‘Up to 70 percent’ of adults in Denmark have had Covid-19 since November 2021

As many as 7 in 10 adults in Denmark have contracted Covid-19 since last November, a study by health authorities suggests.

covid test
As many as 7 in 10 adults in Denmark may have had Covid-19 since last November, File photo: Bo Amstrup/Ritzau Scanpix

Close to 70 percent of the adult population of Debt have had Covid-19 in the last four and a half months, the national infectious disease agency State Serum Institute (SSI) said in a report released on Monday.

The data is taken from studies of blood from donors during the period.

According to SSI, the latest round of analyses evidence a marked increase in late February and early March in the overall total number of people infected since November.

“The presence of (Covid-19) antibodies has again increased dramatically over the last two weeks. As fewer are now tested for Covid-19 with antigen or PCR tests, we are pleased to be able to follow trends in the incidence of past infection with this research in the coming weeks,” Professor Christian Erikstrup of Aarhus University hospital said in an SSI statement.

The blood donors whose samples were used in the study are adults between the ages of 17 and 72 years. In the week commencing February 28th, blood from 5,771 donors was tested for the presence of Covid-19 antibodies. 51 percent had antibodies, 17 percent more than when the same analysis was conducted two weeks prior.

A projection of those results to the current date suggests that up to 70 percent of the adult population will have been infected with Covid-19 since the beginning of last November, SSI writes.

The Covid-19 epidemic is currently declining in Denmark after the many cases over the winter, with a latest estimate of the reproduction rate or R-number for the virus yesterday of 0.7. That means 10 people with the coronavirus pass it on to an average of 7 others, causing the epidemic to recede overall.

7,401 new cases of the virus were registered from 35,629 PCR tests in the latest daily update on Tuesday, while the number of Covid patients on Danish ICU wards is now 27, around one third of the number at the beginning of 2022.

“When we look to the future, the many infections mean that the baseline immunity which we have built up with vaccinations will be strengthened. That explains the fall in cases we are seeing at the current time,” SSI director Henrik Ullum said in the statement.

“Although we must expect that coronavirus will continue to mutate over time, the higher immunity will help us as a society so we are not hit as hard,” Ullum said.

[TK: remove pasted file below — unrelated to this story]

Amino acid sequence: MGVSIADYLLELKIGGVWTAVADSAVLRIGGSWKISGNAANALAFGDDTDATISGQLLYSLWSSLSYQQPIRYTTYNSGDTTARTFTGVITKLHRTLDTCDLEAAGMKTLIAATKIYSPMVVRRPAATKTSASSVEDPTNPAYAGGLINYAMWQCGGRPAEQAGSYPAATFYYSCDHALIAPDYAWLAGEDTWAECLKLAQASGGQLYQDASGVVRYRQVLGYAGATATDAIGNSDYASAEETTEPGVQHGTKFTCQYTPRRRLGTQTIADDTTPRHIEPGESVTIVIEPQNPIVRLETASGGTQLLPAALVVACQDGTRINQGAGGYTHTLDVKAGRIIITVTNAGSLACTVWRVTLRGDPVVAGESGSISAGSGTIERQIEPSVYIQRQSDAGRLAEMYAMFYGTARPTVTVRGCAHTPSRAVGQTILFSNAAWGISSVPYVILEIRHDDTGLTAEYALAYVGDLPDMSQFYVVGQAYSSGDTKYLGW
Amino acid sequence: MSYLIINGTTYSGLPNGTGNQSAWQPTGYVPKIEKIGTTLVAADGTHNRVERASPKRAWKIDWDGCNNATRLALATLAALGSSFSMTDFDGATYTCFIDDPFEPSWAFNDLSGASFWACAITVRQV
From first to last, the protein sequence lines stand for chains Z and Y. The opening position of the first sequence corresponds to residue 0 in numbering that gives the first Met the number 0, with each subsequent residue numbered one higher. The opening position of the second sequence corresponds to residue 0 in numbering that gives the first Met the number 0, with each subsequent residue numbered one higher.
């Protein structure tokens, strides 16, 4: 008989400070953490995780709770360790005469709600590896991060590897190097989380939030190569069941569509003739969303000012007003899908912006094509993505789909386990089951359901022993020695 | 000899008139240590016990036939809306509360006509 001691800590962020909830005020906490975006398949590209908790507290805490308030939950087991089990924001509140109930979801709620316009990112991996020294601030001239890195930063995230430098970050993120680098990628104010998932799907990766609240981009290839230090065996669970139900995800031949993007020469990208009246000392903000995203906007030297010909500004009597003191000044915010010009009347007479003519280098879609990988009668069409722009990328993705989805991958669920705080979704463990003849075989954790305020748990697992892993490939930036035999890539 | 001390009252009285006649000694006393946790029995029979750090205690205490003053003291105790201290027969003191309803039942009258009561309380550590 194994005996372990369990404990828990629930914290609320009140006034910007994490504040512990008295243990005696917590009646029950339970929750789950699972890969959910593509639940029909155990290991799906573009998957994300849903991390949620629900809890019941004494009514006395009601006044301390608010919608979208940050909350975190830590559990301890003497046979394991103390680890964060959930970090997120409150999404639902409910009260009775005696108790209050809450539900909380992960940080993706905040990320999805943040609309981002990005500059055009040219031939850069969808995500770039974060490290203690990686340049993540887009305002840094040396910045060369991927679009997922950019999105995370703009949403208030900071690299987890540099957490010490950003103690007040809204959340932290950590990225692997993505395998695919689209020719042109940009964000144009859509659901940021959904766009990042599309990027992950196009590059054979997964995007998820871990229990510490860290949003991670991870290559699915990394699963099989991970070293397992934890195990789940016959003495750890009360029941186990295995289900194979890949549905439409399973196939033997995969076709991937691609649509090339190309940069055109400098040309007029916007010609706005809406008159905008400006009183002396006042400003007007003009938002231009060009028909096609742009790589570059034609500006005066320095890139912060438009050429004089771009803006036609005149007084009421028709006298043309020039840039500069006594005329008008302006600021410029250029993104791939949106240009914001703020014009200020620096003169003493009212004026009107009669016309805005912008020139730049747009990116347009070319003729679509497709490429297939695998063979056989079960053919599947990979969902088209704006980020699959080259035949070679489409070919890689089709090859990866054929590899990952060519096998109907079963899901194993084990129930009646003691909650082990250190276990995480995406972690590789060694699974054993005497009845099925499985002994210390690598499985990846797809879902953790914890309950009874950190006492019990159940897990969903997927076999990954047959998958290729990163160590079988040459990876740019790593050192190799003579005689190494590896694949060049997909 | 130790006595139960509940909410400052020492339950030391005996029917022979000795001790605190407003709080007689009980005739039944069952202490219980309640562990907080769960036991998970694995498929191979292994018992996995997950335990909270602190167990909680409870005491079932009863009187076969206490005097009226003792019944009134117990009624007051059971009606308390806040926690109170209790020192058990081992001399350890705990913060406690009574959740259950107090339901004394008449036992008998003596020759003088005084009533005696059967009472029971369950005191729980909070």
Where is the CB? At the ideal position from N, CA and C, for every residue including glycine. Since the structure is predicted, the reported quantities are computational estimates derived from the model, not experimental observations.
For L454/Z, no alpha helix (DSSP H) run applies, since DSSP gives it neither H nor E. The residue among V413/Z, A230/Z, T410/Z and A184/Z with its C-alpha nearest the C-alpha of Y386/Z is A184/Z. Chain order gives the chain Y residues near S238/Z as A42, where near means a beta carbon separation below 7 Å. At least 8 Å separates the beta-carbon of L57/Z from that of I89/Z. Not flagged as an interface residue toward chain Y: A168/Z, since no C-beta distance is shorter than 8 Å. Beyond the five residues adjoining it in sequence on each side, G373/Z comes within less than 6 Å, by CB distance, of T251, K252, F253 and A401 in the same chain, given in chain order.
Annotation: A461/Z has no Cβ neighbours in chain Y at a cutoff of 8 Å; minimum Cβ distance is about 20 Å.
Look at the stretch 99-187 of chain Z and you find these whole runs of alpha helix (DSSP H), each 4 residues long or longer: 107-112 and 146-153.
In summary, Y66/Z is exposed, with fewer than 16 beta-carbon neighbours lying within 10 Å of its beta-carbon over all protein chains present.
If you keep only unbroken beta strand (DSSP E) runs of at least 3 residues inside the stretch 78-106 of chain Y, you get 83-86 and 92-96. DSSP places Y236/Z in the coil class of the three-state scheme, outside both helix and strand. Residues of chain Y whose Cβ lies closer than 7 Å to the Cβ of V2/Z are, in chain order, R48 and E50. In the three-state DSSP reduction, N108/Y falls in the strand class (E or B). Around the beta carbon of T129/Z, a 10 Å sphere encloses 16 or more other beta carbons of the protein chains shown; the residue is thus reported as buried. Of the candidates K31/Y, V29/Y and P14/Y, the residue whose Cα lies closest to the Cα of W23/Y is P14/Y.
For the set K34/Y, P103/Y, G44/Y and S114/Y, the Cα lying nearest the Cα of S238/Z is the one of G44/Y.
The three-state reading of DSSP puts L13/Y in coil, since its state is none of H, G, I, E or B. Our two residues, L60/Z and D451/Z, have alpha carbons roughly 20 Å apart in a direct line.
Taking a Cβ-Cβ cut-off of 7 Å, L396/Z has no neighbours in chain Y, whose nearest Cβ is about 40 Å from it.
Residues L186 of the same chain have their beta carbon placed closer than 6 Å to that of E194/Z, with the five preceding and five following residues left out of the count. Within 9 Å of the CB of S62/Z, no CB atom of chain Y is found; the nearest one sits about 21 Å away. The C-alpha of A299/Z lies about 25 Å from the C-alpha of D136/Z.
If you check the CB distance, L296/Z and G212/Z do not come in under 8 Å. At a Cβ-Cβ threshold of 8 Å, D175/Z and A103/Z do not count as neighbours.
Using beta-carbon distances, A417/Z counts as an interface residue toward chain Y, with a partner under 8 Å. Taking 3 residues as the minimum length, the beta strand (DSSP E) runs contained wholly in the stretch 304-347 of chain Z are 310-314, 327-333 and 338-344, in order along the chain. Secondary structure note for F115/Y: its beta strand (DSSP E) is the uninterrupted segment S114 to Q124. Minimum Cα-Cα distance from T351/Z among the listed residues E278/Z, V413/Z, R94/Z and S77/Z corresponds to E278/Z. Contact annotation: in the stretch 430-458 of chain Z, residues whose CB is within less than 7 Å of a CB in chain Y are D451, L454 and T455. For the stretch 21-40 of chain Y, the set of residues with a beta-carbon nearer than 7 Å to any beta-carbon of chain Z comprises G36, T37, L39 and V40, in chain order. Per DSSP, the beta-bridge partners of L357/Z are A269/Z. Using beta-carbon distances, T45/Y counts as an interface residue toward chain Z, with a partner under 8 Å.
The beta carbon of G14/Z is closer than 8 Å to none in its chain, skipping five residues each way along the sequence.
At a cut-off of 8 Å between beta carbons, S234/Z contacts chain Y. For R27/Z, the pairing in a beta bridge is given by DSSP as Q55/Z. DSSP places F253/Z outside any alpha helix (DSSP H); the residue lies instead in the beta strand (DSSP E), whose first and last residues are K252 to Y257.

READ ALSO: Denmark’s Covid-19 contact tracing service to release 90 percent of staff

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Covid-19: Virus remains on downward trend in Denmark in latest report

The number of Covid-19 infections in Denmark is still declining, as has been the trend for some weeks.

Covid-19: Virus remains on downward trend in Denmark in latest report

In addition to confirmed cases, the number of PCR tests administered to check for the virus is also falling. Authorities recently announced that PCR testing capacity would be halved, before a strategy for testing next winter is announced later this year.

The continued falloff in cases was one of the trends noted in a new report from the infectious disease agency, State Serum Institute (SSI). The report is based on data from the most recent week.

During the period covered by the report, the number of new cases of Covid-19 fell by 18 percent, meaning 82 in 100,000 residents of Denmark tested positive for Covid-19.

The number of PCR tests fell by 14 percent during the same period, with around 7,000 tests administered each day.

“Transmission in the community is falling in general and across all age groups,” SSI medical head of department Rebecca Legarth told news wire Ritzau.

The decline in number of new recorded cases may be linked to the reduction in recorded number of hospital patients with a positive Covid test.

Last week saw the number of hospitalised people with Covid-19 fall by 23 percent. Not all people in hospital who have the virus are being treated for it, with their hospitalisation being for other reasons in many cases.

Denmark ended its Covid-19 restrictions in February and March, while health authorities also changed recommendations on when a PCR test should be taken.

In March, the Danish Health Authority changed its recommendations on when people with suspected Covid-19 should be tested for the coronavirus, with testing now only recommended if there is a “special medical reason” for doing so.